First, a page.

Revolutionary

By 1955, the triumph of American painting seemed complete—Europe's luminous haystacks, melting watches, and fractured faces had been eclipsed by Gotham's abstract expressions. Yet that same year, after slathering onto canvas a few rhombuses of dripping paint in homage to his elders (Pollock would be dead inside a year), Robert Rauschenberg snatched the torch and highlighted comic strips, newspapers, and campaign broadsides in his pivotal painting Rebus. Collage was nothing new, but Rauschenberg avoided Picasso's faux chair-caning and Ernst's fever dreams while pushing past the gray newsprint transfers de Kooning had introduced into abstraction. Juxtaposing colorful Sunday comics and a denatured print of Boticelli's Venus, Rauschenberg pitted popular trash against high culture as if staging a prizefight; he replaced the classic horizon line with a belt of paint samples that run the chromatic gamut while supporting photos of a pair of sprinters, one black and one white, racing from right to left, arriving at a fragment of a political poster reading "THAT REPRE."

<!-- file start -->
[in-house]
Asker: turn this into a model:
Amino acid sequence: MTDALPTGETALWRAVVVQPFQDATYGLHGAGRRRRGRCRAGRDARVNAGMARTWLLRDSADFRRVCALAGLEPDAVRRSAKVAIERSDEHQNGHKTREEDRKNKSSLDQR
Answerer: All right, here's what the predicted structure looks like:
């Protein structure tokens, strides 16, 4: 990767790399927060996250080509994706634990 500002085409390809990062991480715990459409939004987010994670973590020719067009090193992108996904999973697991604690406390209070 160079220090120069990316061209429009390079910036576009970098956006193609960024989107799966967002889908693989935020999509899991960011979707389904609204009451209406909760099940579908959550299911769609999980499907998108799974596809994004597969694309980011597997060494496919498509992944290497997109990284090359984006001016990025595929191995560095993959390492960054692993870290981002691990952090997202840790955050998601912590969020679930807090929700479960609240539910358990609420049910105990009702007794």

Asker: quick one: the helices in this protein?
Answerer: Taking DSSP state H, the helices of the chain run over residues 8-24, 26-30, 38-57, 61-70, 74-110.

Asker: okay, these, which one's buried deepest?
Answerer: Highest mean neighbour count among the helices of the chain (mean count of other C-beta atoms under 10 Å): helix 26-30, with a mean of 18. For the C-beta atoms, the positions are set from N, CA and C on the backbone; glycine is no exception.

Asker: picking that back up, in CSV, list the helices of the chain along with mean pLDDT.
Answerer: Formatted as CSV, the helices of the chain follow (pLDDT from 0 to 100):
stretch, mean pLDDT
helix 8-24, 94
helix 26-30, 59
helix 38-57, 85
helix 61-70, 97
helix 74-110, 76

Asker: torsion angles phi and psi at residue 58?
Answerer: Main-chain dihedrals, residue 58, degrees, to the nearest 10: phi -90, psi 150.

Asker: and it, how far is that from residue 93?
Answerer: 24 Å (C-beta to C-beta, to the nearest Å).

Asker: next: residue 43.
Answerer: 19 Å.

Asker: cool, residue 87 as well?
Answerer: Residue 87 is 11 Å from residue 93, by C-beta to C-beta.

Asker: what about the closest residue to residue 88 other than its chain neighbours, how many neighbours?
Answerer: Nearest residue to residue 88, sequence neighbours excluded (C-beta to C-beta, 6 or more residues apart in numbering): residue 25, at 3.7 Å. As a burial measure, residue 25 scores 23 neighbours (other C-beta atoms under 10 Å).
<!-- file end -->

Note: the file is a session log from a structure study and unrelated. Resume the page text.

Reresents who? What? A rebus is a puzzle, and this 11-foot-wide enigma—still powerful even if yellowed with age like an old parchment—represents what Thomas Jefferson recommended for the nation: ongoing revolution.

 
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